Kuiper surveys his domain in the Mt. Hood National Forest, a little to the east of Portland, Oregon. ❤️
Did you know that we have rainforests in Oregon? Not all rainforests are tropical?; a very small percentage are “temperate” rainforests. The western side of Mt. Hood National Forest gets 80 inches (2m) to 170 inches (4.3m) of rain a year! ?️ By comparison, the city of Portland (only an hour or so west!) gets 36 inches (0.9m.) ☔
Temperate forests have much less biodiversity than tropical forests; ours are mostly Douglas Fir. You may have even seen some of our trees for sale at some point; Oregon is the biggest producer of natural Christmas trees ? in the US. Every November and December, a total of over 5 million (6-10 year old) trees are harvested from Oregon tree farms. The farmers have to work super duper quickly to keep all the trees fresh, so many of them use helicopters ? to move them from their field to refrigerated trucks.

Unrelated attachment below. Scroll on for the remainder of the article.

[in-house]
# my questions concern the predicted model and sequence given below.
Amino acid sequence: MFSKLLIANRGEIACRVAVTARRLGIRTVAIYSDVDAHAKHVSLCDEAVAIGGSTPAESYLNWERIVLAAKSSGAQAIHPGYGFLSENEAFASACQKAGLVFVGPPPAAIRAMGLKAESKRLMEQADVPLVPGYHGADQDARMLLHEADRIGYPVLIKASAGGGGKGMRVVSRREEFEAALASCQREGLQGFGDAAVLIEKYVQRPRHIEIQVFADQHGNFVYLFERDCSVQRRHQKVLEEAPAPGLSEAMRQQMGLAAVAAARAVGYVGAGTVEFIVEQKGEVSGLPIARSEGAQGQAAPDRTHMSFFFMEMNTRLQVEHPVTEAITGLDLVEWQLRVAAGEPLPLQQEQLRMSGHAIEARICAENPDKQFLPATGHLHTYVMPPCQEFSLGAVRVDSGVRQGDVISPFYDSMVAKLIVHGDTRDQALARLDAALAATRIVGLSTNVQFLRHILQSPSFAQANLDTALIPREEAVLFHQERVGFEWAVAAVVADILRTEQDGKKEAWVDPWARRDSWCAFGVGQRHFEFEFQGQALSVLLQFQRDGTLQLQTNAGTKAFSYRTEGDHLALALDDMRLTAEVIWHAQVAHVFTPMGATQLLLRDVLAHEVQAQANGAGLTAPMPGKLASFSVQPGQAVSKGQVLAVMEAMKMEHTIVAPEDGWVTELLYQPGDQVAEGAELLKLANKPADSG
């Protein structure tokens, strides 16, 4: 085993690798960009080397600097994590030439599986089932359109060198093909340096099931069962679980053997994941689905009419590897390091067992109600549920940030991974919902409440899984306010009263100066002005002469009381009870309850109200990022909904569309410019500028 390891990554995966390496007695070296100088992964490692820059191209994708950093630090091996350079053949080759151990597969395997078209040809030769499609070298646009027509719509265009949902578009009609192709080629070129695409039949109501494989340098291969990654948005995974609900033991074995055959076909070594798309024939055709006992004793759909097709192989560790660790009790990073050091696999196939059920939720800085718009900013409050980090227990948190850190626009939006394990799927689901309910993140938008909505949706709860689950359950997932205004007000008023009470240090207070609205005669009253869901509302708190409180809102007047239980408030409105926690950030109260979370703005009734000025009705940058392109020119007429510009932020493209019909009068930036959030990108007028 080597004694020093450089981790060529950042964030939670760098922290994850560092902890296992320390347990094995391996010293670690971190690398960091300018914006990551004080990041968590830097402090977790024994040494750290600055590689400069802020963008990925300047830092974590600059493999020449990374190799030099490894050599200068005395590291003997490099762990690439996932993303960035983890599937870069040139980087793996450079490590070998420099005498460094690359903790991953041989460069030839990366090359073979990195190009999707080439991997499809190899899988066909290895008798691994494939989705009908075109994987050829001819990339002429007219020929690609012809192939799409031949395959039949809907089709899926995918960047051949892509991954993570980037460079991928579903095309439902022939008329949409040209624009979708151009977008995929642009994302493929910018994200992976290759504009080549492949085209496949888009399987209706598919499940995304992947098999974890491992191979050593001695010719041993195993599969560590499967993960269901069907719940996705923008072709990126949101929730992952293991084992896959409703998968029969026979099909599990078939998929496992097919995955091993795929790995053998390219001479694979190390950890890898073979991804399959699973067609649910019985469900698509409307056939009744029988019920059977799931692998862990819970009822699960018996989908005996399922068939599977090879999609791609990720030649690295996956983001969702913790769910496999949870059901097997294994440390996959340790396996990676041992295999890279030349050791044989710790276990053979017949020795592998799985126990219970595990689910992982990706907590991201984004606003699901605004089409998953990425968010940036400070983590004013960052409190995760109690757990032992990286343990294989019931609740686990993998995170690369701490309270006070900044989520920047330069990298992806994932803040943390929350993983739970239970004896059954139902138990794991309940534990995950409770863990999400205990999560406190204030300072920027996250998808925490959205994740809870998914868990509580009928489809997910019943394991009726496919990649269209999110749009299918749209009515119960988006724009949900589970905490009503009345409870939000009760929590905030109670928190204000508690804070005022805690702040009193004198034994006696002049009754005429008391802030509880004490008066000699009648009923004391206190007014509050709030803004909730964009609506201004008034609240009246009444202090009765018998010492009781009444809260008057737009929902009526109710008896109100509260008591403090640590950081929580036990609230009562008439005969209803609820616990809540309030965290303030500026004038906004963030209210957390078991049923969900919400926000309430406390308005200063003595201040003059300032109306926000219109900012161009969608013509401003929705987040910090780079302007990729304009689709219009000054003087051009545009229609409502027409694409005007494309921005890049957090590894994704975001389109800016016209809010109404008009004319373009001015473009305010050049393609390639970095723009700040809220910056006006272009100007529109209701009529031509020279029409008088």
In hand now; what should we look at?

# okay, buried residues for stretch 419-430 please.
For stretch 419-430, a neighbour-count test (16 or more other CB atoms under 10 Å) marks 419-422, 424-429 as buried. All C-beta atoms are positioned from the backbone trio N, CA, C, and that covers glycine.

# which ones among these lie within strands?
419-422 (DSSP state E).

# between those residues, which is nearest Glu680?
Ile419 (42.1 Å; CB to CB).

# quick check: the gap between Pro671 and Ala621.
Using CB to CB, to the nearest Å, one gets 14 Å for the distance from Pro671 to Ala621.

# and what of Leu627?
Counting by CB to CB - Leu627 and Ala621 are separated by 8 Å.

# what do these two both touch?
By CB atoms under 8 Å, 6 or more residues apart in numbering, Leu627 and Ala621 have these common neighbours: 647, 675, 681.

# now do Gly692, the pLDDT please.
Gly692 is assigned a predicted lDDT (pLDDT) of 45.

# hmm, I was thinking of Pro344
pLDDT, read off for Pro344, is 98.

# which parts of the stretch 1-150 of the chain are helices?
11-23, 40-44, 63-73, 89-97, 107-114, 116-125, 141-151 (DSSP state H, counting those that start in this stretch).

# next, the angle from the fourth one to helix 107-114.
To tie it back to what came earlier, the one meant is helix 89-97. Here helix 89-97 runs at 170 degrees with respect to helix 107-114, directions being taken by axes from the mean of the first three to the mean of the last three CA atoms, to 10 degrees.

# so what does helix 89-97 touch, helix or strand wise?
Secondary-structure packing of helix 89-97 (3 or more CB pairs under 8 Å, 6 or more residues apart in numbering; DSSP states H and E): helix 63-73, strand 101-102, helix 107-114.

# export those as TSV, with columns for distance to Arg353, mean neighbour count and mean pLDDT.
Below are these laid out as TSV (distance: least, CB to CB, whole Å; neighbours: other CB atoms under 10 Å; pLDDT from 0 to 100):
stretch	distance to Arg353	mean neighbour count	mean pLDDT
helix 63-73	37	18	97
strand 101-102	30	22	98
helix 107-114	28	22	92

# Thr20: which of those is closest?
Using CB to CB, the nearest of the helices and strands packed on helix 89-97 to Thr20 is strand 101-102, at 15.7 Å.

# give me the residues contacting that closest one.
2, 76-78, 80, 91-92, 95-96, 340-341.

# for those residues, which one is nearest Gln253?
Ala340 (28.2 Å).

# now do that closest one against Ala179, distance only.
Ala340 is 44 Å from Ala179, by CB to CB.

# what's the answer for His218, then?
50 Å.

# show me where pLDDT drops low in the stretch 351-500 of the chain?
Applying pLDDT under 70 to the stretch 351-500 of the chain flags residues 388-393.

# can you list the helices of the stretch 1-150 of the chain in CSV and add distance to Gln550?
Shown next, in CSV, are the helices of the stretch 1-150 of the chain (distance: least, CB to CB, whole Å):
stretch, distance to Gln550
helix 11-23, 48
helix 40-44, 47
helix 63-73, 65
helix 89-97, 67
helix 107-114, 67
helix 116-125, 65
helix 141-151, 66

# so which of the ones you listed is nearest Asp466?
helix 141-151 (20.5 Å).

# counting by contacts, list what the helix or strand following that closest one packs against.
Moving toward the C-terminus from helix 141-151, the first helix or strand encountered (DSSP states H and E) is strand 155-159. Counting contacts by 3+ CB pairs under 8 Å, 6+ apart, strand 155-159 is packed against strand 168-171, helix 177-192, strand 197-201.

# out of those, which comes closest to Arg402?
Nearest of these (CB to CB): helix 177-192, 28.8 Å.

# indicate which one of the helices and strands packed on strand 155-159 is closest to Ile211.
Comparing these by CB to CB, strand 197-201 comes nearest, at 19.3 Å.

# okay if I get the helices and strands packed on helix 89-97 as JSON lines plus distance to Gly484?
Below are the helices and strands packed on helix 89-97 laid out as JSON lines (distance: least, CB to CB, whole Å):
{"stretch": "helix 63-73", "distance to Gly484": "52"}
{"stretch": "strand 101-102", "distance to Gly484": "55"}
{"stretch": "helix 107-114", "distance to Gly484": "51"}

Other tree inhabitants of Oregon forests include Western Redcedar, Western Hemlock, “true” firs like Noble, Grand & Pacific Silver, and Bigleaf Maple ? (the last is a very popular snack for deer and elk.) Native mammals include the beaver (the state animal), black bears (no grizzlys seen since 1930s), otters, sea lions, over 15 species of bats, porcupines, pronghorn antelope and mountain lions. ?
We have birbs, too: a billionty different waterfowl (including the red-breasted merganser, the fastest duck ?? alive), wild turkeys, albatrosses, osprey, bald eagles and the close-to-endangered Northern Spotted Owl. ? I won’t even get started on the native fish like salmon and steelhead ? or the fact that Mt. Hood is considered an active volcano; they warrant their own post or three!
What kind of wild creatures do you have in your neck of the woods?
Original post: https://www.instagram.com/p/BjBK3YJgOEZ/